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I have a large data set that I would like to cluster. My trial run set size is 2,500 objects; when I run it on the 'real deal' I will need to handle at least 20k objects.

These objects have a cosine similarity between them. This cosine similarity does not satisfy the requirements of being a mathematical distance metric; it doesn't satisfy the triangle inequality.

I would like to cluster them in some "natural" way that puts similar objects together without needing to specify beforehand the number of clusters I expect.

Does anyone know of an algorithm that would do that? Really, I'm just looking for any algorithm that doesn't require a) a distance metric and b) a pre-specified number of clusters.

Many thanks!

This question has been asked before here: Clustering from the cosine similarity values (but this solution only offers K-means clustering), and here: Effective clustering of a similarity matrix (but this solution was rather vague)

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From en.wikipedia.org/wiki/Cosine_similarity: "Although the term "cosine similarity" has been used for this angular distance, the term is oddly used as the cosine of the angle is used only as a convenient mechanism for calculating the angle itself and is no part of the meaning. The advantage of the angular similarity coefficient is that, when used as a difference coefficient (by subtracting it from 1) the resulting function is a proper distance metric, which is not the case for the first meaning." – phs Jun 22 '12 at 6:03
Thanks! Unfortunately I should have been more specific; I'm using a cosine-like similarity which I've defined myself. It does not satisfy the triangle inequality. – user1473883 Jun 22 '12 at 22:19

Apache mahout has a number of clustering algorithms, including some which don't require you to specify N and which allow you to specify the distance metric.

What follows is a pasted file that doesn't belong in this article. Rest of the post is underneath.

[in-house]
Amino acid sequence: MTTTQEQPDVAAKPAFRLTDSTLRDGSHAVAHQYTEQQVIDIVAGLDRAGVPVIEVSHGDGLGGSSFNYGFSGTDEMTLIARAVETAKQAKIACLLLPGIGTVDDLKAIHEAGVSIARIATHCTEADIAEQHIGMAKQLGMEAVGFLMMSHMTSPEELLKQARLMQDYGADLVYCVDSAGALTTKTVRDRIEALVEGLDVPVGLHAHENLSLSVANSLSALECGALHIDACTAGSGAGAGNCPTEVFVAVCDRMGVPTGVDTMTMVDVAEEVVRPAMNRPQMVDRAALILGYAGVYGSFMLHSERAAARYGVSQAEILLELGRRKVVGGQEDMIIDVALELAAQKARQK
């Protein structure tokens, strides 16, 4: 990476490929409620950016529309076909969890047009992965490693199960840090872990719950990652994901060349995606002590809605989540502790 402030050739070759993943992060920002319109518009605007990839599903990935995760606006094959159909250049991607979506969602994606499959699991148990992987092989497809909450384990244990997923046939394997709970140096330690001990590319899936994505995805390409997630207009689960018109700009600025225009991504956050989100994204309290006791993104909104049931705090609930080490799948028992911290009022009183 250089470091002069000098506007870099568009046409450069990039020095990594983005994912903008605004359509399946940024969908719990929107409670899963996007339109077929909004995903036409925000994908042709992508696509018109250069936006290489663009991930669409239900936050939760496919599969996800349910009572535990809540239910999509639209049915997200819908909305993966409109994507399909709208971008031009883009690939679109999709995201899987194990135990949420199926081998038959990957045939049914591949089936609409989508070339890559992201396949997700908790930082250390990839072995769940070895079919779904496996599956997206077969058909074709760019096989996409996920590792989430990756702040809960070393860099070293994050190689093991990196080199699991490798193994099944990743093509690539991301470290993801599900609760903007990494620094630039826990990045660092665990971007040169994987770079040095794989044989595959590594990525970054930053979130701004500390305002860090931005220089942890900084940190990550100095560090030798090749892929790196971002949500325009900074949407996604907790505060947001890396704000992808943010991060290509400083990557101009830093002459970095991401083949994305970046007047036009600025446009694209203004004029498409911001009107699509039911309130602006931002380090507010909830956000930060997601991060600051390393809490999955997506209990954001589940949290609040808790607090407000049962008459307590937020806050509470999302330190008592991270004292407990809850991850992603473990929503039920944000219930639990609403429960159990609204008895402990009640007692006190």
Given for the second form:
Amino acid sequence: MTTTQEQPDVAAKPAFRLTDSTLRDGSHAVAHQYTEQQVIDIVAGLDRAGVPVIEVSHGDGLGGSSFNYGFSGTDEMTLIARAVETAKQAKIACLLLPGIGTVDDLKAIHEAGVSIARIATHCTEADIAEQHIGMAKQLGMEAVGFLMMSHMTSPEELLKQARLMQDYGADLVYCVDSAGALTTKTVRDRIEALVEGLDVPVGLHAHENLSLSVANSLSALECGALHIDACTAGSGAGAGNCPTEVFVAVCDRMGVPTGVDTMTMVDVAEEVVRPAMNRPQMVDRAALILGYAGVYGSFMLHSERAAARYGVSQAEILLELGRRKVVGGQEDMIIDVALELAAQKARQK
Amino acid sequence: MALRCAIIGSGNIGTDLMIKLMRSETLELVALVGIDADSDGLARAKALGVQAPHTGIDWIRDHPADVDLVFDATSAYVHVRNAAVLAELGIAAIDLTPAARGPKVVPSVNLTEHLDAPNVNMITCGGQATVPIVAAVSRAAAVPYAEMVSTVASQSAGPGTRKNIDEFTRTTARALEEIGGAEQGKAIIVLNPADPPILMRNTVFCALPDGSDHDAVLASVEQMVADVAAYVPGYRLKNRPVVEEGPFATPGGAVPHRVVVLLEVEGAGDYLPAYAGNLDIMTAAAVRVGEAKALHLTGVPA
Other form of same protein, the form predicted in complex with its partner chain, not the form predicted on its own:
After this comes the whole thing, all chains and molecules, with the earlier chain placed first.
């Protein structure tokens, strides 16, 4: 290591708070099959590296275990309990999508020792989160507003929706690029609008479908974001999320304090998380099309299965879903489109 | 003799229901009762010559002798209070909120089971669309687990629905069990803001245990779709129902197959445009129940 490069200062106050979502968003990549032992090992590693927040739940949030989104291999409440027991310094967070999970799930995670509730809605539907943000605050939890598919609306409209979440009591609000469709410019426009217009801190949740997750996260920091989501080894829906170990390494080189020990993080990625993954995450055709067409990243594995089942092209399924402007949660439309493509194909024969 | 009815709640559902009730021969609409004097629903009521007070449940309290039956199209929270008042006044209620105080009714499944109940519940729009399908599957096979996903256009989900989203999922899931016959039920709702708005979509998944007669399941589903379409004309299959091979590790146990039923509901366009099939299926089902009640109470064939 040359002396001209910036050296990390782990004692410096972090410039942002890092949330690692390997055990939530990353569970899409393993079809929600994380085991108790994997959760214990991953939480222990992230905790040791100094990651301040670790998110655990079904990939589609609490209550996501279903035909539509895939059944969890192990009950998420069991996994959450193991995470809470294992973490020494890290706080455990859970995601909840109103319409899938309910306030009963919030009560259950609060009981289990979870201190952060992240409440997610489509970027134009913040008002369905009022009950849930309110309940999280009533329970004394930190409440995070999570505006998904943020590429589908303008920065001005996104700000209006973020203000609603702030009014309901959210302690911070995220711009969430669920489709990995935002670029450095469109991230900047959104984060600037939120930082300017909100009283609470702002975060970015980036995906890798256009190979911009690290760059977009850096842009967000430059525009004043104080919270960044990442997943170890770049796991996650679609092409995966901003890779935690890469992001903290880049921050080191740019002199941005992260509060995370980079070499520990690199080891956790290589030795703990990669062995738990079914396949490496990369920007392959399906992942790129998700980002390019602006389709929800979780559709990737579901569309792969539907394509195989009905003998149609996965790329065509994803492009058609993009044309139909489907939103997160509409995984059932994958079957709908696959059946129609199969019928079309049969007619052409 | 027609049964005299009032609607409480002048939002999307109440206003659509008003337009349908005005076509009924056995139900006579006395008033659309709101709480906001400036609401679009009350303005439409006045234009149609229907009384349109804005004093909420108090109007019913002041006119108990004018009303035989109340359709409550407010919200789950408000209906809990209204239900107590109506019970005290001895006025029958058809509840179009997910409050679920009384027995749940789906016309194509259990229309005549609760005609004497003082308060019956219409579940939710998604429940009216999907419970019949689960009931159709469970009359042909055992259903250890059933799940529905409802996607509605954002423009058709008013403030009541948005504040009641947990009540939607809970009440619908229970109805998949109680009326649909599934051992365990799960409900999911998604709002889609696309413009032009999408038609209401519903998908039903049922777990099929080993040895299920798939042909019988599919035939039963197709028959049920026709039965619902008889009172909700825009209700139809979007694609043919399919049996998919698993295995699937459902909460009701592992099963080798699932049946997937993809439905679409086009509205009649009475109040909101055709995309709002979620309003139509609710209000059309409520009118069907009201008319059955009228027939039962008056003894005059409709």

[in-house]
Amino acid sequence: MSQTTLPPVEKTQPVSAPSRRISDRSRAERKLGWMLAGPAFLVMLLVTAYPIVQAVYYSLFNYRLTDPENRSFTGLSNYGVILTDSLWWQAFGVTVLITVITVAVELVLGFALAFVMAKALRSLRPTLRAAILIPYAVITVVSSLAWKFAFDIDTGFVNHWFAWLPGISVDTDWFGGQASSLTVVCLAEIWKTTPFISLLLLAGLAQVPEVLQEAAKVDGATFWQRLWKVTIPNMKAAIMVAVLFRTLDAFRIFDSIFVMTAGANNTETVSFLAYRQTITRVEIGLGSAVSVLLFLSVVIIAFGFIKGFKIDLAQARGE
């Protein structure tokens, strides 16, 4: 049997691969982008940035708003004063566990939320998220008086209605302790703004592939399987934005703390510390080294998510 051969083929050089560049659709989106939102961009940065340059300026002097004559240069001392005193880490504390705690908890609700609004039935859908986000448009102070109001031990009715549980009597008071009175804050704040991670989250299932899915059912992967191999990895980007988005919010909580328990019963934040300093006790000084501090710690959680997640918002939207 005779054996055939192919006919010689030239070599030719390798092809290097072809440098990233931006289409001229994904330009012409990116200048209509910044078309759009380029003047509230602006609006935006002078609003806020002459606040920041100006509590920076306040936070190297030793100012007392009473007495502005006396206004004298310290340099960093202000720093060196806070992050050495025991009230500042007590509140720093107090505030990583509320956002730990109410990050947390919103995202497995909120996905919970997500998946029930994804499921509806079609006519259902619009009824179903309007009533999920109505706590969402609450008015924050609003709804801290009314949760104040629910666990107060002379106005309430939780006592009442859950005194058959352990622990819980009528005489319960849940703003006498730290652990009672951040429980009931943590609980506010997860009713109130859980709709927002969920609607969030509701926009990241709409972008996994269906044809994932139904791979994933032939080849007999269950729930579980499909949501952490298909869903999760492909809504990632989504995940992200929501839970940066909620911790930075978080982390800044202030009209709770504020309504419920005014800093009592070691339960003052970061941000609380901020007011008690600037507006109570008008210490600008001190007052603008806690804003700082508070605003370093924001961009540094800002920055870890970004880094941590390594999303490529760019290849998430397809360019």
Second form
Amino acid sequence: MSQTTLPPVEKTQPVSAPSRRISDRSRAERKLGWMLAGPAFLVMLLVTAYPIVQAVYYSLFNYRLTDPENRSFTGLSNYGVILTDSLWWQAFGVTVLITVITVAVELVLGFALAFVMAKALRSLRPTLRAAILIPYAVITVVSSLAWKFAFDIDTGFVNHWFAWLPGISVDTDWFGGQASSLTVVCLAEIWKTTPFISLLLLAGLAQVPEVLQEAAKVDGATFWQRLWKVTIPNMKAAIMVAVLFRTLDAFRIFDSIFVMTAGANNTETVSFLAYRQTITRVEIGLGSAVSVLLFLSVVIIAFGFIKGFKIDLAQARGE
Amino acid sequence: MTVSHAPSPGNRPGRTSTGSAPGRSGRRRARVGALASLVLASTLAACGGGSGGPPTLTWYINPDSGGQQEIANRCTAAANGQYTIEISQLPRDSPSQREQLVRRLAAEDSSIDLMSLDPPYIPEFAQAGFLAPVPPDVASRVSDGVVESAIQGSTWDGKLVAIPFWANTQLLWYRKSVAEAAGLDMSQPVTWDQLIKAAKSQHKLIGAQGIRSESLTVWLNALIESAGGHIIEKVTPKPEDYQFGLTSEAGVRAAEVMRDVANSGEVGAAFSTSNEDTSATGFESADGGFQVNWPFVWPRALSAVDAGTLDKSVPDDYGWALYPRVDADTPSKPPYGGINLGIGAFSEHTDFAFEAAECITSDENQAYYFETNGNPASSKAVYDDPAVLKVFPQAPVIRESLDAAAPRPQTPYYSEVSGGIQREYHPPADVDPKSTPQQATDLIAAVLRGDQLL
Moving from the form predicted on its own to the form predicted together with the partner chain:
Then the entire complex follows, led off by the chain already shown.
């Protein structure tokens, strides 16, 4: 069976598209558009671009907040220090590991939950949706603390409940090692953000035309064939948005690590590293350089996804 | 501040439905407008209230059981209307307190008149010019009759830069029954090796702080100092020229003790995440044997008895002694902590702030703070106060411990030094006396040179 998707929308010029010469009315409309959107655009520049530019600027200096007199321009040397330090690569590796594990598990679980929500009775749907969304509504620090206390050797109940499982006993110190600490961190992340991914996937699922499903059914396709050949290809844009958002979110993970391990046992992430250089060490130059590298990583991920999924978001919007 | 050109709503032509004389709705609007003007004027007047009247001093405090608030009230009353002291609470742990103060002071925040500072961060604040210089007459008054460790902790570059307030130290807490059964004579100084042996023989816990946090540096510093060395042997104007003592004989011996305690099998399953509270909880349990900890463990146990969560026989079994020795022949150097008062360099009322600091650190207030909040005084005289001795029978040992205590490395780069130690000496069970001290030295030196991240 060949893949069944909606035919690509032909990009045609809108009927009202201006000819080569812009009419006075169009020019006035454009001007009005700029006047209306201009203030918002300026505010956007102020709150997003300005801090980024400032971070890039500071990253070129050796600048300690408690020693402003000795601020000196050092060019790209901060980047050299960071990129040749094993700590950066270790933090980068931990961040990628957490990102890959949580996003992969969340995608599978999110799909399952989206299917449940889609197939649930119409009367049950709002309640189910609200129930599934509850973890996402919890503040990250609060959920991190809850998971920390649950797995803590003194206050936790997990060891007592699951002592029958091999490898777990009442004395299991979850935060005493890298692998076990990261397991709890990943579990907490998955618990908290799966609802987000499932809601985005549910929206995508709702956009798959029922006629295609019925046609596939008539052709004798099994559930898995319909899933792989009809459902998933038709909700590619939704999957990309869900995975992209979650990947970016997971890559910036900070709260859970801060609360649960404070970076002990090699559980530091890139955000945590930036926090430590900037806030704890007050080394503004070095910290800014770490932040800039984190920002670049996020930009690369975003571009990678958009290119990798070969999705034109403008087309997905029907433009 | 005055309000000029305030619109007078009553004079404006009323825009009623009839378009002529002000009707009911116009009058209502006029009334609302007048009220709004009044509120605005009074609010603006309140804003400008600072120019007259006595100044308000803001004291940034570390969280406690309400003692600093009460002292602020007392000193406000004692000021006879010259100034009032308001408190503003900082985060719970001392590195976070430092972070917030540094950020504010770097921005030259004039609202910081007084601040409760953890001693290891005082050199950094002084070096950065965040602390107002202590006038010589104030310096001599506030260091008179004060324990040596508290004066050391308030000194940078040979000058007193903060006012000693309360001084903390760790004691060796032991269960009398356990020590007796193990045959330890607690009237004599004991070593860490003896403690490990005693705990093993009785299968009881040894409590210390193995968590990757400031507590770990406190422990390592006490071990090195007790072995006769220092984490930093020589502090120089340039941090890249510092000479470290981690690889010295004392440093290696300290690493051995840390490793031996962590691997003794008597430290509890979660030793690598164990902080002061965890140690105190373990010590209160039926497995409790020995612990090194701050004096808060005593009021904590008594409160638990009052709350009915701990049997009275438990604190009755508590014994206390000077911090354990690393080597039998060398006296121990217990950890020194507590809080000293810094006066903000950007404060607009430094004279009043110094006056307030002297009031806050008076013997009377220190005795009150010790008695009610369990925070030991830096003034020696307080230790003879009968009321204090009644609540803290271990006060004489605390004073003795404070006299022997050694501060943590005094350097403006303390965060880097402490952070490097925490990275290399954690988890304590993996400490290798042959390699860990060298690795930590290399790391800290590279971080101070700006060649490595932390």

Mean shift clustering is similar to k-means but without a pre specified number of clusters https://cwiki.apache.org/confluence/display/MAHOUT/Mean+Shift+Clustering.

Then more generally, if you would like to try a variety of algorithms, there is an absolute wealth of sophisticated packages available for R (including a few variational Bayesian implementations of EM which will select the best number of clusters) which have proved very useful for some of my research in the past: http://cran.r-project.org/web/views/Cluster.html.

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Actually most algorithms that require a "distance function" do not have the requirement for it to be metric.

DBSCAN can be generalized (see Wikipedia) to a version where it even abstracted from distance, it just needs to have some kind of "dense" notion. (DBSCAN also does not need to know the number of clusters beforehand)

But even for k-means - which has rather strict requirements on the distance, even beyond metrical - there is a variant called spherical k-means.

Anyway, in a database context, the full requirements of "metric" are utopic. In any real world data, there may be two records with the same coordinates, so at most you would have a pseudo-metric. The triangle inequality mostly plays a role for optimization (e.g. by using an M-tree index, which has strict triangle inequality requirements) or accelerated k-means exploiting this property.

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You could also try Affinity Propagation (http://www.psi.toronto.edu/index.php?q=affinity%20propagation). The algorithm takes a similarity matrix as input, and can also, I believe, automatically adjust the number of cluster centroids.

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